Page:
There’s no question that divorce impacts many areas of your life: family dynamics, social relationships, even your credit score. In fact, 54% of women and 42% of men reported their divorce negatively impacted their credit scores.
Why is that? Divorce can change your financial habits and obligations. Joint debt accumulated during the marriage—mortgages, credit cards, car loans—is considered by creditors to be the obligation of both parties to which the credit was extended. In a divorce, the court may decide which party is responsible for which debt, but that doesn’t change the creditor’s expectations. When the responsible party misses a payment either by accident or out of spite, the lender to whom the payment is owed still considers both parties responsible. Closing all joint accounts is not necessarily the answer as that can lower your credit score as well.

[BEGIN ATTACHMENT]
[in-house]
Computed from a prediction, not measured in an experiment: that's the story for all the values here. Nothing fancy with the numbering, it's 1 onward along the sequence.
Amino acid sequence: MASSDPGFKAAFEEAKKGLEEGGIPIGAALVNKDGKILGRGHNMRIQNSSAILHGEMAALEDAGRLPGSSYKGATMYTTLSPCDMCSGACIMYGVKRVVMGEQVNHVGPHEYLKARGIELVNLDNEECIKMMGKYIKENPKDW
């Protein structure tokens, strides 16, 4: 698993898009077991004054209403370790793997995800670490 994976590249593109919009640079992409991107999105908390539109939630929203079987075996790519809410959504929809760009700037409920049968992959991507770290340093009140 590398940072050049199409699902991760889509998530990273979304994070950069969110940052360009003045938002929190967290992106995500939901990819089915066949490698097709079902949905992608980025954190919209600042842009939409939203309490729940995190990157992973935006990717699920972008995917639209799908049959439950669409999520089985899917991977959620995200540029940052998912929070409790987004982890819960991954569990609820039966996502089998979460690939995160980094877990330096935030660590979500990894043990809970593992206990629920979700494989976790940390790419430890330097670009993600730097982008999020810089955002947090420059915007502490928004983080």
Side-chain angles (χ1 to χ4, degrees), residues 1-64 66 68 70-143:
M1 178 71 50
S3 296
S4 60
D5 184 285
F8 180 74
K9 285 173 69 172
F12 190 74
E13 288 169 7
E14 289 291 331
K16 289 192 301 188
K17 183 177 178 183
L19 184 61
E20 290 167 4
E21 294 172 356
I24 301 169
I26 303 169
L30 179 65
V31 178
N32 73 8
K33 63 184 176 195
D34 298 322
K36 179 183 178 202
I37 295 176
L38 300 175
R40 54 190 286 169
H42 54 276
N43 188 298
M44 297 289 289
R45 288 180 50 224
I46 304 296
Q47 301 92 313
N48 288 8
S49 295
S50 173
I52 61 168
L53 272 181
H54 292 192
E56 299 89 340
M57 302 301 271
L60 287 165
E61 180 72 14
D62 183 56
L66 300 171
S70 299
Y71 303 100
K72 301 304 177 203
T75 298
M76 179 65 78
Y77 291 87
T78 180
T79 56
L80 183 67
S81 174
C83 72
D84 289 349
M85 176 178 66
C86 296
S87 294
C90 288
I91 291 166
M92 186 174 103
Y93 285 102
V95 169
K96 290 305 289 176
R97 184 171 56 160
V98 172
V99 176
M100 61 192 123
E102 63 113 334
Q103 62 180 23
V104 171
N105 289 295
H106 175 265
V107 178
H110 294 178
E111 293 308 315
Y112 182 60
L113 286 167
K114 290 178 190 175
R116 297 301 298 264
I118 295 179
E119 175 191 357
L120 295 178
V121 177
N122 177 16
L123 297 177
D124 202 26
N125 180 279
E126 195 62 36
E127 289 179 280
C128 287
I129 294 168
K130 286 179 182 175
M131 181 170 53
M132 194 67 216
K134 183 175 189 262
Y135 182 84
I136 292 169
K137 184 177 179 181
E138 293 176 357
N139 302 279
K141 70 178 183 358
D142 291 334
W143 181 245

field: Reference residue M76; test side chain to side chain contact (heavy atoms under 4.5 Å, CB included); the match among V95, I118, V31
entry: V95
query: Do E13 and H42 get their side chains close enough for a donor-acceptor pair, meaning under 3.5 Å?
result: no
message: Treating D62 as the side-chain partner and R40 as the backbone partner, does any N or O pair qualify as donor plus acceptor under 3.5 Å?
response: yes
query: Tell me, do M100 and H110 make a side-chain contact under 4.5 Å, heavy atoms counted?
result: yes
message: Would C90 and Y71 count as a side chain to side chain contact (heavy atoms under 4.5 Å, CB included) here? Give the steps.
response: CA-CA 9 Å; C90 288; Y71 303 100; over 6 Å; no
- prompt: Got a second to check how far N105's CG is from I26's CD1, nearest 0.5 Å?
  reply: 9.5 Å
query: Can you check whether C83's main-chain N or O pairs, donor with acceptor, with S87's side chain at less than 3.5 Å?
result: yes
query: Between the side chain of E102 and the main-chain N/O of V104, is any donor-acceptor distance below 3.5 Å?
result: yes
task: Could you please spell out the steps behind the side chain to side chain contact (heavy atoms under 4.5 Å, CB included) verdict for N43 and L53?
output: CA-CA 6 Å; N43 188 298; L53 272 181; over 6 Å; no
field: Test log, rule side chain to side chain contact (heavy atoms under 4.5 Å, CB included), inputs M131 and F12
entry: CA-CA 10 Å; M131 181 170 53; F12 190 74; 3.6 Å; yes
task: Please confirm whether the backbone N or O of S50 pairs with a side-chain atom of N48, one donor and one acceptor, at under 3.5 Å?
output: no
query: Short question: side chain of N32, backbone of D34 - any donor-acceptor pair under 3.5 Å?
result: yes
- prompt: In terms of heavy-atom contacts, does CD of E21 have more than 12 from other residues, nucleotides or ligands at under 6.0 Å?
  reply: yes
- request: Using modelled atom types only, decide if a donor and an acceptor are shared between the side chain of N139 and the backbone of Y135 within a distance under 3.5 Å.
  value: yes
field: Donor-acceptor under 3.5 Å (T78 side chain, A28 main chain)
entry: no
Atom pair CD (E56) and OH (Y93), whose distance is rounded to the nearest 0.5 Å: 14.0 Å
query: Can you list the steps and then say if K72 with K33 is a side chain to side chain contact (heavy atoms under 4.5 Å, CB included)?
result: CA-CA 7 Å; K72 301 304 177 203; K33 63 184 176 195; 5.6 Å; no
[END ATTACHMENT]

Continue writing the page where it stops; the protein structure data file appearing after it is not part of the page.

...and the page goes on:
There are ways you can minimize the impact your divorce may have on your credit rating, however. To learn how read, “Does getting a divorce affect your credit score?”